An individual's eyes can reveal a lot about them, including their mood, feelings, and even emotions. By simply looking at them, eyes can convey a warm, bright, and inviting vibe as well as a cold and repellent one – they are the window to a person’s soul.
The Iris: What is it?
The iris is the part of the eye that produces color, and is the first thing most people draw to. It is a thin, circular piece of tissue, responsible for controlling the diameter and size of the pupil. It works much like a camera’s aperture, regulating light levels and helping us focus. The color of the iris varies from person to person and is one of the traits that are responsible for giving us our individual appearance. In ancient times, a prediction of an individual’s destiny was based on the unique characteristics of their iris.
Fingerprint VS. Iris
As early as the 1950s, scientists and health professionals suggested that the characteristics of the iris could be used for identification purposes. However, it wasn’t until much later that a system to recognize and catalog these identification points was developed. It is undeniable that our fingerprints are one-of-a-kind, but the uniqueness of the iris is far greater in comparison. The iris contains approximately 250 different characteristics that determine a person's identity, which is five times more than a fingerprint!
The iris identification error rate is about one in a million – even less when you correlate it with other biometric scanning like fingerprinting or facial recognition. Because of the tiny elevations and depressions in the iris, false negatives are about 10 times less common in iris scanning than in facial recognition.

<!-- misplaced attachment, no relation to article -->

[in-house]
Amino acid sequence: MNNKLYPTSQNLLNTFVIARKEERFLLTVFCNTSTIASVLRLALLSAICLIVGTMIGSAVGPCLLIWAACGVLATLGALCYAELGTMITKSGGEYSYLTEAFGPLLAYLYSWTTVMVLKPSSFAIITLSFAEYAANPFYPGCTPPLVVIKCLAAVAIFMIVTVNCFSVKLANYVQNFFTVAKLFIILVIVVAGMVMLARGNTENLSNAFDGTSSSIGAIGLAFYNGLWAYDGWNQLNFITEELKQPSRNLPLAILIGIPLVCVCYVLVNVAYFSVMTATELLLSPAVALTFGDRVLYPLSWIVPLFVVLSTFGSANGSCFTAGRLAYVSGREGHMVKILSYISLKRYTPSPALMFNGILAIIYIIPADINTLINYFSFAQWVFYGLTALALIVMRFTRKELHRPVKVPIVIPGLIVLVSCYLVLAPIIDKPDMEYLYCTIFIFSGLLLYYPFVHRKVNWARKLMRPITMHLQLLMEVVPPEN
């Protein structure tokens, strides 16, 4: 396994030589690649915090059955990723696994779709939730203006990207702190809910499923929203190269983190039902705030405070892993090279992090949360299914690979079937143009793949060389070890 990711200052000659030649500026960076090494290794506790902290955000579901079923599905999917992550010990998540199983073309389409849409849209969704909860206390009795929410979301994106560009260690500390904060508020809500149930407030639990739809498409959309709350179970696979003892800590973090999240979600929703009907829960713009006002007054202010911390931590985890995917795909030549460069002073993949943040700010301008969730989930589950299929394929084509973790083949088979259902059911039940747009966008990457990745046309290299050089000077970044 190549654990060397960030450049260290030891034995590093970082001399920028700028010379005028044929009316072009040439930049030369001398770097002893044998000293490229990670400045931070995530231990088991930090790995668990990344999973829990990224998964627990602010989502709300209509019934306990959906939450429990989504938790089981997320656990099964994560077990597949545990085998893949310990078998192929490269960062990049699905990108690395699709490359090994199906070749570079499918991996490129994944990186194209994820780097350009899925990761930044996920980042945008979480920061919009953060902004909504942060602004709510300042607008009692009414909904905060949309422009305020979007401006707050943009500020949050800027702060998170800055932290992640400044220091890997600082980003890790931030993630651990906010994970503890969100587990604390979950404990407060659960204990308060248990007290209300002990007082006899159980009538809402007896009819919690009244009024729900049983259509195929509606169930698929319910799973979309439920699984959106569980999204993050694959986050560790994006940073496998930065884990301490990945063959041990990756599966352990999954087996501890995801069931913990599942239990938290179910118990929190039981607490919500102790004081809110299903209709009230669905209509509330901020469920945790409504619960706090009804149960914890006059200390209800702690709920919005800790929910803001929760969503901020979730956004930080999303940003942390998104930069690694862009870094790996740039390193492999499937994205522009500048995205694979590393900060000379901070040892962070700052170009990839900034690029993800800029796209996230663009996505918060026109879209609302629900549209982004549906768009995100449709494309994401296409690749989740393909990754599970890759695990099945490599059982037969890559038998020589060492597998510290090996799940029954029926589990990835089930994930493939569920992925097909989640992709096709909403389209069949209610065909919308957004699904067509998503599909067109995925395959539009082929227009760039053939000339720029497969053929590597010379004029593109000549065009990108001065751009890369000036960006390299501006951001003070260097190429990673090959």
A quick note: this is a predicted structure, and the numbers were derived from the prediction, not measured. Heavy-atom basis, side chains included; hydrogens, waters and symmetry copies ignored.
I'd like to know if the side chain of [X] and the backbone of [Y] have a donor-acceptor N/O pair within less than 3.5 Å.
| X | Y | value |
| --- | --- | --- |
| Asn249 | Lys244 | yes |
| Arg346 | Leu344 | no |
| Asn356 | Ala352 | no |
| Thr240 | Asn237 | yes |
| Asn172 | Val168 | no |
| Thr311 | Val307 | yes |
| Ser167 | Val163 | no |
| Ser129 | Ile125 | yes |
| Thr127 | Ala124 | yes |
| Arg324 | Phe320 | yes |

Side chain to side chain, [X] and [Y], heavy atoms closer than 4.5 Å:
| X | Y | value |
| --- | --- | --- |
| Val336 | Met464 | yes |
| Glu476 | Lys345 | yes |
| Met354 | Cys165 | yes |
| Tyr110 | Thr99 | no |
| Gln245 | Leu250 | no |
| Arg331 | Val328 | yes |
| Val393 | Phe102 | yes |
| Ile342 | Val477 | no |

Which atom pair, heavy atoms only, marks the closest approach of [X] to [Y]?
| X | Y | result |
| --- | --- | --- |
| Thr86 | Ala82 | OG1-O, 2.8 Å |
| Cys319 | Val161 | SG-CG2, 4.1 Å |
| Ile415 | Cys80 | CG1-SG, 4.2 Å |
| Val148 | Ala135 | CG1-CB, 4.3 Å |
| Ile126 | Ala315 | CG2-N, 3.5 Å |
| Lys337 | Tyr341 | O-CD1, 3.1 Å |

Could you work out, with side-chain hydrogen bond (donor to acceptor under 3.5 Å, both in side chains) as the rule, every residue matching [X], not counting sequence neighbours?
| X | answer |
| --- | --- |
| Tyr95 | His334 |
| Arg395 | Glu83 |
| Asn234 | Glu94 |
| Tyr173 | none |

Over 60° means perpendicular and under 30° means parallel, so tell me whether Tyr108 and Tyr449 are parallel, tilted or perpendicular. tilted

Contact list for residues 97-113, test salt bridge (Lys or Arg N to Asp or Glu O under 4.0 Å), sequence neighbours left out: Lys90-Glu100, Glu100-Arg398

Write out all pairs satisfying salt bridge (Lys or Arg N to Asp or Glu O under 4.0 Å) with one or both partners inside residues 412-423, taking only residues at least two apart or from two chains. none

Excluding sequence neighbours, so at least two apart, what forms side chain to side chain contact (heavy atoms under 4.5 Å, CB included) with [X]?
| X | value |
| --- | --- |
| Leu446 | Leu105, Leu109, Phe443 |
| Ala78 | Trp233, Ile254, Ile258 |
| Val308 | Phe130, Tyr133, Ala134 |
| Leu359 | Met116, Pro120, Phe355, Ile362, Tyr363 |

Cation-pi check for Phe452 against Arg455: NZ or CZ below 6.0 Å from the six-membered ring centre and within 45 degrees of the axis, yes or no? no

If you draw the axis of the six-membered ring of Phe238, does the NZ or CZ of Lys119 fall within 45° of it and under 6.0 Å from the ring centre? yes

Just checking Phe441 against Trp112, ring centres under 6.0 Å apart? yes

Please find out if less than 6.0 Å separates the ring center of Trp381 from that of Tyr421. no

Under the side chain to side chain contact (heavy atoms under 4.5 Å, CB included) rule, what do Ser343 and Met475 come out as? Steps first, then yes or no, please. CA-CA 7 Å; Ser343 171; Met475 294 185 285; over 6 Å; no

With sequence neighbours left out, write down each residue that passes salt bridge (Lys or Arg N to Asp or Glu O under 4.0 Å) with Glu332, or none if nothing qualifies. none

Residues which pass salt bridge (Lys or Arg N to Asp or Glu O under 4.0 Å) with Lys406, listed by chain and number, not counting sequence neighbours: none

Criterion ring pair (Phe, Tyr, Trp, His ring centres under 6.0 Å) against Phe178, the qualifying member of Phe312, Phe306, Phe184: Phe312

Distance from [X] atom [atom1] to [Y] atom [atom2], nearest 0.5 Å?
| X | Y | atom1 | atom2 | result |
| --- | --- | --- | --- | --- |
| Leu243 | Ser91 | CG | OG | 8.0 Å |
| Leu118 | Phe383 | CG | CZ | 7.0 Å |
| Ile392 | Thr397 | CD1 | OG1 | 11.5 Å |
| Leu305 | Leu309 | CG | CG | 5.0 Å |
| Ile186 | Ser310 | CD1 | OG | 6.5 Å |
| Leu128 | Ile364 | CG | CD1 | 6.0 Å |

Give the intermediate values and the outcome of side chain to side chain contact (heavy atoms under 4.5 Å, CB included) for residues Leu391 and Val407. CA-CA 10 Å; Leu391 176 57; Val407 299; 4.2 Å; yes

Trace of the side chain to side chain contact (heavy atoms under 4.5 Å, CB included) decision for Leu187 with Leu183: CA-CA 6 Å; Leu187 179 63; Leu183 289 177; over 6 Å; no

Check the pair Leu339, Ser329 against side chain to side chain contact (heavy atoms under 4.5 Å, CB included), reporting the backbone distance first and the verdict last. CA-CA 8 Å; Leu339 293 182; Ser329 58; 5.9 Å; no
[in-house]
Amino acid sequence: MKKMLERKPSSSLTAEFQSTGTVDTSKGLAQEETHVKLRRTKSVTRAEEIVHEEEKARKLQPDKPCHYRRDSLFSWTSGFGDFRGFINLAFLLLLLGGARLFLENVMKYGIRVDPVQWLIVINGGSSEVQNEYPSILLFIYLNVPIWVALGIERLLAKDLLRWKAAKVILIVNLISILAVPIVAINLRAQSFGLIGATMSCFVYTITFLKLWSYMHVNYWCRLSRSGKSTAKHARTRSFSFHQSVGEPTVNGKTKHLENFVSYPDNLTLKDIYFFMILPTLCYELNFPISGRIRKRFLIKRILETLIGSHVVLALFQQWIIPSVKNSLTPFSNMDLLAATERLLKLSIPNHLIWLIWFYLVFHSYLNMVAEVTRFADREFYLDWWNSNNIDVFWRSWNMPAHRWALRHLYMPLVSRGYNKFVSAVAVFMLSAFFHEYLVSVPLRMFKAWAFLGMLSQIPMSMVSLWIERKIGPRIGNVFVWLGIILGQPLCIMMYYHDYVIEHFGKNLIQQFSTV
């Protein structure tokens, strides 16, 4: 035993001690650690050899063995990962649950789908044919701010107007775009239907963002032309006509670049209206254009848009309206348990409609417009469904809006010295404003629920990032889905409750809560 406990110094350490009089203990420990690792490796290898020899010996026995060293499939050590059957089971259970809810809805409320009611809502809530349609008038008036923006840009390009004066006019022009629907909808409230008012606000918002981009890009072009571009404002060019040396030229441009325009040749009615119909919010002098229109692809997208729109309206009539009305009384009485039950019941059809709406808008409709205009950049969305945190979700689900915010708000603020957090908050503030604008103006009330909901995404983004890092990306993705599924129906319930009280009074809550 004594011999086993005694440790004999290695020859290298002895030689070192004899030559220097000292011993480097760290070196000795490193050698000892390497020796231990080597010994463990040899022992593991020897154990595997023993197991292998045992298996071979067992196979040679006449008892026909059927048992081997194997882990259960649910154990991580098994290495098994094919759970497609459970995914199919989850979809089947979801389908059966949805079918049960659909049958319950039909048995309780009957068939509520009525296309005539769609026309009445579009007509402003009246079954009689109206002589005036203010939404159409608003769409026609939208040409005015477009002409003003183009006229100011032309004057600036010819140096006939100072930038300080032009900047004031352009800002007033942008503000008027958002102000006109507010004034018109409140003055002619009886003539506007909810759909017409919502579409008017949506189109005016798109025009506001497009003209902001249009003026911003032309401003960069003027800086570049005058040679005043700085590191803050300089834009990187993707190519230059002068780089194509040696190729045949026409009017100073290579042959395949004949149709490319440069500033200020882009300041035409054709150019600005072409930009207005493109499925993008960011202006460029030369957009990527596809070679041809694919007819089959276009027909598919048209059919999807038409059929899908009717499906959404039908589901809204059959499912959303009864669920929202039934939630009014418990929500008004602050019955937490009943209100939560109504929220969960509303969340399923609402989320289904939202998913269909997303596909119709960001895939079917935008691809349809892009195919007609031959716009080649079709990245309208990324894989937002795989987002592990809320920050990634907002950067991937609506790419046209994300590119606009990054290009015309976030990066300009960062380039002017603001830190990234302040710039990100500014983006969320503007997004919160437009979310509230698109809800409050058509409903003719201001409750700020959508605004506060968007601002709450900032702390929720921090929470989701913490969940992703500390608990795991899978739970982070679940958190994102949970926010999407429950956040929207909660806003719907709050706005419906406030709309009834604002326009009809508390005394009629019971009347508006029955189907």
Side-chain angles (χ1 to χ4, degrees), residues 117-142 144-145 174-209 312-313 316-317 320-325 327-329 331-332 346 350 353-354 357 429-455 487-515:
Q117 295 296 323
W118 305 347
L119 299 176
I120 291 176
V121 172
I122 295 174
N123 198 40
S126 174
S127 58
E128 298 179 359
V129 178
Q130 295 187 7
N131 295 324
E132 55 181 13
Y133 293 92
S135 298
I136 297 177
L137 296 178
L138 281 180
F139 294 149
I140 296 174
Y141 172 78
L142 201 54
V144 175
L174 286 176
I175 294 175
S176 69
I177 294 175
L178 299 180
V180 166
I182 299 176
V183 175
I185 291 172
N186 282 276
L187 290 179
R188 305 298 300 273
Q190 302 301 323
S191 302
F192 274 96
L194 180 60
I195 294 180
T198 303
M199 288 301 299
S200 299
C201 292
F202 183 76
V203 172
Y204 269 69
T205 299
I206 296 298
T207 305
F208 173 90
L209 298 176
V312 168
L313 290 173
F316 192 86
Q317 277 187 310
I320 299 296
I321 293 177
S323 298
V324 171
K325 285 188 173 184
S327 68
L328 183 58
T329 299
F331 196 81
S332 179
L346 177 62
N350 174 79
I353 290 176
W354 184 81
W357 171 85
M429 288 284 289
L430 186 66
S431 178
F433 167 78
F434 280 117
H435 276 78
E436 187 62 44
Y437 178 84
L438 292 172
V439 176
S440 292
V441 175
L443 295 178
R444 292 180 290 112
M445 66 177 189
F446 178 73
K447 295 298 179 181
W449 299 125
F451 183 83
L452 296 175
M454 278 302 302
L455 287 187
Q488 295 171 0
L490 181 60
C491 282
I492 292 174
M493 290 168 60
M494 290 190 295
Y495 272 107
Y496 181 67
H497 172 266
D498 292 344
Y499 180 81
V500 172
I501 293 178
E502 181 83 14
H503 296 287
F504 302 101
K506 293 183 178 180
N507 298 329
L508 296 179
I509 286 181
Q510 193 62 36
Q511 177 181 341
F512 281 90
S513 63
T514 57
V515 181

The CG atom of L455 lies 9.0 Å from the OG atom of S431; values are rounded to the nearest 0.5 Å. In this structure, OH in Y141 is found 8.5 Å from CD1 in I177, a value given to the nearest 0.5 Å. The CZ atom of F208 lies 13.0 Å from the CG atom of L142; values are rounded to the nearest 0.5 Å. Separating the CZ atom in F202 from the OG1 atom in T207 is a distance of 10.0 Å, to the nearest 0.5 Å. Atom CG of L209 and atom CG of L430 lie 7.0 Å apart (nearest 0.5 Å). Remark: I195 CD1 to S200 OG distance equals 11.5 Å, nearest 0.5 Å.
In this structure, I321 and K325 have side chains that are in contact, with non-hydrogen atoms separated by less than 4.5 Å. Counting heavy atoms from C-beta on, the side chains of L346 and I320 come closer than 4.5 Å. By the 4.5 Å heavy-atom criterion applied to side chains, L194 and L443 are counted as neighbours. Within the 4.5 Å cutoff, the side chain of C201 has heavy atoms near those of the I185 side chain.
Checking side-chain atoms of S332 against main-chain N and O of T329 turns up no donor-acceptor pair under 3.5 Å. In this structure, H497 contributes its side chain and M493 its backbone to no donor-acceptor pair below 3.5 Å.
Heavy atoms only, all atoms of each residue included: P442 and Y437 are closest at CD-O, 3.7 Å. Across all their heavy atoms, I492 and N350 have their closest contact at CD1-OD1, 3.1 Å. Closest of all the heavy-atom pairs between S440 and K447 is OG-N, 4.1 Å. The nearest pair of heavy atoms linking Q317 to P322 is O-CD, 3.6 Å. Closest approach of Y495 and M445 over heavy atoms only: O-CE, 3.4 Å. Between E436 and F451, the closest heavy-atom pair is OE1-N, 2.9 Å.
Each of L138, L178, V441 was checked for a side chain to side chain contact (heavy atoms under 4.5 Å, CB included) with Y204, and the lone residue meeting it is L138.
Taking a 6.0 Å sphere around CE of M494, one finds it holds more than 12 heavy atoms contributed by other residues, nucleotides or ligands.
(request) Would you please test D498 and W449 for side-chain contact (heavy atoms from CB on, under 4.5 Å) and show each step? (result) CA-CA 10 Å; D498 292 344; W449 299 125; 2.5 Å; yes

Even identical twins, with the same DNA, do not have the same iris characteristics or the same fingerprints!
Eye color is determined by the amount of melanin, or pigment, in the iris tissue. More melanin means darker eyes and less melanin means lighter eyes. A green iris, for example, has blue and some yellow while a brown iris contains mostly brown. Brown eyes have the most melanin, green eyes less, and blue eyes have none. Listed below are some interesting facts about eye color:
- Brown eyes are the most common eye color in the world with over 55% of the world's population having brown eyes.
- Hazel eyes have a higher concentration of melanin around the eye's border, which can result in a multi-colored appearance that varies between copper and green. About 5% to 8% of the world's population has hazel-colored eyes.
- Green eye color is the rarest color found around the world, estimated at only 2%.
- Approximately 8% of the world's population has blue eyes, and they share a common ancestor with every other blue-eyed person in the world.
- Silver eye colors along with grey and black are also quite rare, although many consider silver eyes to be a variation of blue eye color.
Ask us to photograph your iris at your next eye exam! Under magnification and bright light, your iris color may surprise you. Call our Texas State Optical Congress team and schedule with us today!